Snack on walnuts, sprinkle them into your oatmeal, or even try out one of my favorite recipes: Walnut & Rosemary Oven Fried Chicken.

Steak, Vitamin B12, Brain Food

Beef

That’s right…BEEF is a brain food! Meat eaters can get a brain boost from beef, which provides plenty of energizing and balancing B vitamins, specifically B12 which is only found in animal foods.

Low B12 levels have been linked to Alzheimer’s disease and age-related memory loss. If your levels are lower than they should be, you may also experience symptoms like poor memory, depression and fatigue, so fire up the grill and enjoy this nutritious and delicious meat!


I recently came across a quote that said, “Essentially, fats build your brain, and proteins unite it. Carbohydrates fuel your brain, and micronutrients defend it.” Even though this post highlights only 5 specific foods, it’s clear that there are many more that give our brains a boost, so So if you want to keep your mind nourished and healthy, getting a variety and balance of nutrients is a no-brainer!

What’s your favorite brain food and how do you incorporate it into your meals or snacks?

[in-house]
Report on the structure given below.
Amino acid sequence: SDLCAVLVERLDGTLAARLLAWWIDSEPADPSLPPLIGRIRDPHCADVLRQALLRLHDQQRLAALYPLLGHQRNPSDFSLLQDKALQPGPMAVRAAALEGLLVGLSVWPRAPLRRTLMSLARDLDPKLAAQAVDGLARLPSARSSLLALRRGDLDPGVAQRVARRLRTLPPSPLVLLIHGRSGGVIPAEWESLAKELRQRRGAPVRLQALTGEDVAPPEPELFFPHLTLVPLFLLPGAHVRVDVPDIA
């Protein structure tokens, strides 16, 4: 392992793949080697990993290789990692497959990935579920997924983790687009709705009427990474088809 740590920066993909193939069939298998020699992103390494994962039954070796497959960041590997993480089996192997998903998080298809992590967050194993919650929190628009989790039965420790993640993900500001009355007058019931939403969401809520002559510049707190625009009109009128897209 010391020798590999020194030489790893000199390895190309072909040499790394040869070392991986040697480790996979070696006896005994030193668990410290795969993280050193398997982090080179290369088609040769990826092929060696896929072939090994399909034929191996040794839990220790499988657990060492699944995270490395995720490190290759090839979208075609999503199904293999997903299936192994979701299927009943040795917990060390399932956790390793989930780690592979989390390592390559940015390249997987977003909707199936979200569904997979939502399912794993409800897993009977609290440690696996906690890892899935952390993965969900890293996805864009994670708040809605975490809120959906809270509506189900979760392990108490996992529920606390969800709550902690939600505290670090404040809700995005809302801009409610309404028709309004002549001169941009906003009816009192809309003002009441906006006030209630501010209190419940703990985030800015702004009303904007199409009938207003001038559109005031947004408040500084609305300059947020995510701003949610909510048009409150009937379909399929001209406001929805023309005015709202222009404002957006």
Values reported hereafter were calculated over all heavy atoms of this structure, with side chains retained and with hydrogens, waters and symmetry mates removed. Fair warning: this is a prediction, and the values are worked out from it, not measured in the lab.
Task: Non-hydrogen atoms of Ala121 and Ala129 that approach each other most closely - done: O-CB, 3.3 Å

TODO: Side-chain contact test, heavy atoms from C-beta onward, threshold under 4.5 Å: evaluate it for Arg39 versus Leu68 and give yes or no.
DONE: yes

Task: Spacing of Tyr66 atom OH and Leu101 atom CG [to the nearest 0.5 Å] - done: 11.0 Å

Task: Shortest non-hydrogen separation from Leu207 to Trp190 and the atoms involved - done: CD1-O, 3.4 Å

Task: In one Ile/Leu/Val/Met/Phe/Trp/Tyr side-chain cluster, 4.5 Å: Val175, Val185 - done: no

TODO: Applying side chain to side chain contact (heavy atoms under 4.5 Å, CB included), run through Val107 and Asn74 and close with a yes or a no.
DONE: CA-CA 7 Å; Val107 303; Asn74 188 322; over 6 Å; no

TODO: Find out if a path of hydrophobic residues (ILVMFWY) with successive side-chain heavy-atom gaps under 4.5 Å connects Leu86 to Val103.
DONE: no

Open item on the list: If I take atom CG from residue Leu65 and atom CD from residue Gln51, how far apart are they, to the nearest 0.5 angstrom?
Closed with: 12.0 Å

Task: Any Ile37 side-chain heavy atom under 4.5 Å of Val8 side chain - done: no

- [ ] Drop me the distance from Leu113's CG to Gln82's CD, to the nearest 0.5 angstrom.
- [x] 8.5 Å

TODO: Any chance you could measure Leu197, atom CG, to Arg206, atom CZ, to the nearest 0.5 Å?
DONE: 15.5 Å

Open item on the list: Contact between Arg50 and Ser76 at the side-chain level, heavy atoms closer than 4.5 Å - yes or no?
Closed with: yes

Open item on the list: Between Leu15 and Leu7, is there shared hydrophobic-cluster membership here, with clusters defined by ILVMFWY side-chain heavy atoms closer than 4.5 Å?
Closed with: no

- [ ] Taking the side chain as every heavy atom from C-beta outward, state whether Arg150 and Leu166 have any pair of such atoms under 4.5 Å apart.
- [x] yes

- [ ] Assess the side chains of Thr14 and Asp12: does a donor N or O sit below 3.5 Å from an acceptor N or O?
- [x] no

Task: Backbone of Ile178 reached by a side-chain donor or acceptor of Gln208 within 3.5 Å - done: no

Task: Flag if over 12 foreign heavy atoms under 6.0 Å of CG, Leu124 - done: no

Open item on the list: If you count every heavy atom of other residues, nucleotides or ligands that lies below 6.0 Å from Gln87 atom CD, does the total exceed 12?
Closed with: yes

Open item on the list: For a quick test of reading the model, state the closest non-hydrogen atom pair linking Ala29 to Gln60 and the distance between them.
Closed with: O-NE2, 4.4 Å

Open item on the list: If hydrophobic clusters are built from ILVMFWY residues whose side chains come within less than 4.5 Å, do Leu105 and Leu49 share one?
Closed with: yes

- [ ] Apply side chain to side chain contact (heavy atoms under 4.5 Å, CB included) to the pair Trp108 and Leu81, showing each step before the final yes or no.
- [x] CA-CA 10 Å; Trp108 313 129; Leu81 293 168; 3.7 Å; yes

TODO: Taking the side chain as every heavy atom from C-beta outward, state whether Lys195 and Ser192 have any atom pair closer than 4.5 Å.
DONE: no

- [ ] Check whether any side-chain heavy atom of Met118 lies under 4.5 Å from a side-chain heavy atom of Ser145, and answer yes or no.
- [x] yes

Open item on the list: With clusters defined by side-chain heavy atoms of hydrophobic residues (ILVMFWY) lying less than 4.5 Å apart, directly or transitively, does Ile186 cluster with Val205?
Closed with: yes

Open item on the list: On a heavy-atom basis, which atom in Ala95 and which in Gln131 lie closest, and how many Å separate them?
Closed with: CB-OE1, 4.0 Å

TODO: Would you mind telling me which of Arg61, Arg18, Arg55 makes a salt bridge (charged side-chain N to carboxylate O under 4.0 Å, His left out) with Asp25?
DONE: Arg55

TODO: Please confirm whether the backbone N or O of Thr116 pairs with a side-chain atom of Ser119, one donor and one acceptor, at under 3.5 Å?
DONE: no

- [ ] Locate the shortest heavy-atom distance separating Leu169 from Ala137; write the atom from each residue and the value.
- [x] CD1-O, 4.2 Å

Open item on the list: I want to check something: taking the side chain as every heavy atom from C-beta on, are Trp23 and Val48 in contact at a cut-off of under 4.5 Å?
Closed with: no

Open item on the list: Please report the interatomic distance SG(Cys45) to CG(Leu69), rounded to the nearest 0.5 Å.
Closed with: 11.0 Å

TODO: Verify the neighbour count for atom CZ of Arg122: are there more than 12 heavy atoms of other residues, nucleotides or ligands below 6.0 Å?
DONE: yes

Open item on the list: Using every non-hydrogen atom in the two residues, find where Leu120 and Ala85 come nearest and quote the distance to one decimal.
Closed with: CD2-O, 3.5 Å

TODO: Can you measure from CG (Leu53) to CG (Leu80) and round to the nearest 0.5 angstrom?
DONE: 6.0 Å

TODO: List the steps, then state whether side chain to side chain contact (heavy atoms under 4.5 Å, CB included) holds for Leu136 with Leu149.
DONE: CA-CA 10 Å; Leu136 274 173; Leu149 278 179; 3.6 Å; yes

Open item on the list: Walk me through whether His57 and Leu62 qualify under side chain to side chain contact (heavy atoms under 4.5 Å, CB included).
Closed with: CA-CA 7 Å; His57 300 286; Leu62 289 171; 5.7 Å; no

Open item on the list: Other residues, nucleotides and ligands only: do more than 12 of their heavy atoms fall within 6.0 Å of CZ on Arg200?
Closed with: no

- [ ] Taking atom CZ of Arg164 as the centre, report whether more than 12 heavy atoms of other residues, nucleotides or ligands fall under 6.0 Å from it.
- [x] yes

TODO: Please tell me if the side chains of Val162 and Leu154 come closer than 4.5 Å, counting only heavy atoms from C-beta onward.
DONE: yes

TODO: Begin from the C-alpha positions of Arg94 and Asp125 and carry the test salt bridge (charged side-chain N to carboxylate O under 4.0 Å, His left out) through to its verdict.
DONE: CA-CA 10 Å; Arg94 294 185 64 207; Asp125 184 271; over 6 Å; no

If you liked this post, you may also like:

Food Allergies: The Numbers and How You Can React with Respect!

Food_Allergy_Awareness_Week

My knowledge of food allergies and the importance of being sensitive to those with food allergies has increased exponentially since my husband was diagnosed with a shellfish allergy and my son was diagnosed with allergies to eggs, peanuts, and tree nuts years ago. We unfortunately learned about some of their allergies the hard way, whereas others were diagnosed in a doctor’s office. As a Registered Dietitian, I had received training and counseled those with food allergies prior to these diagnoses, but there’s nothing that deepened my awareness, understanding, and compassion more than personally experiencing food allergies in my family.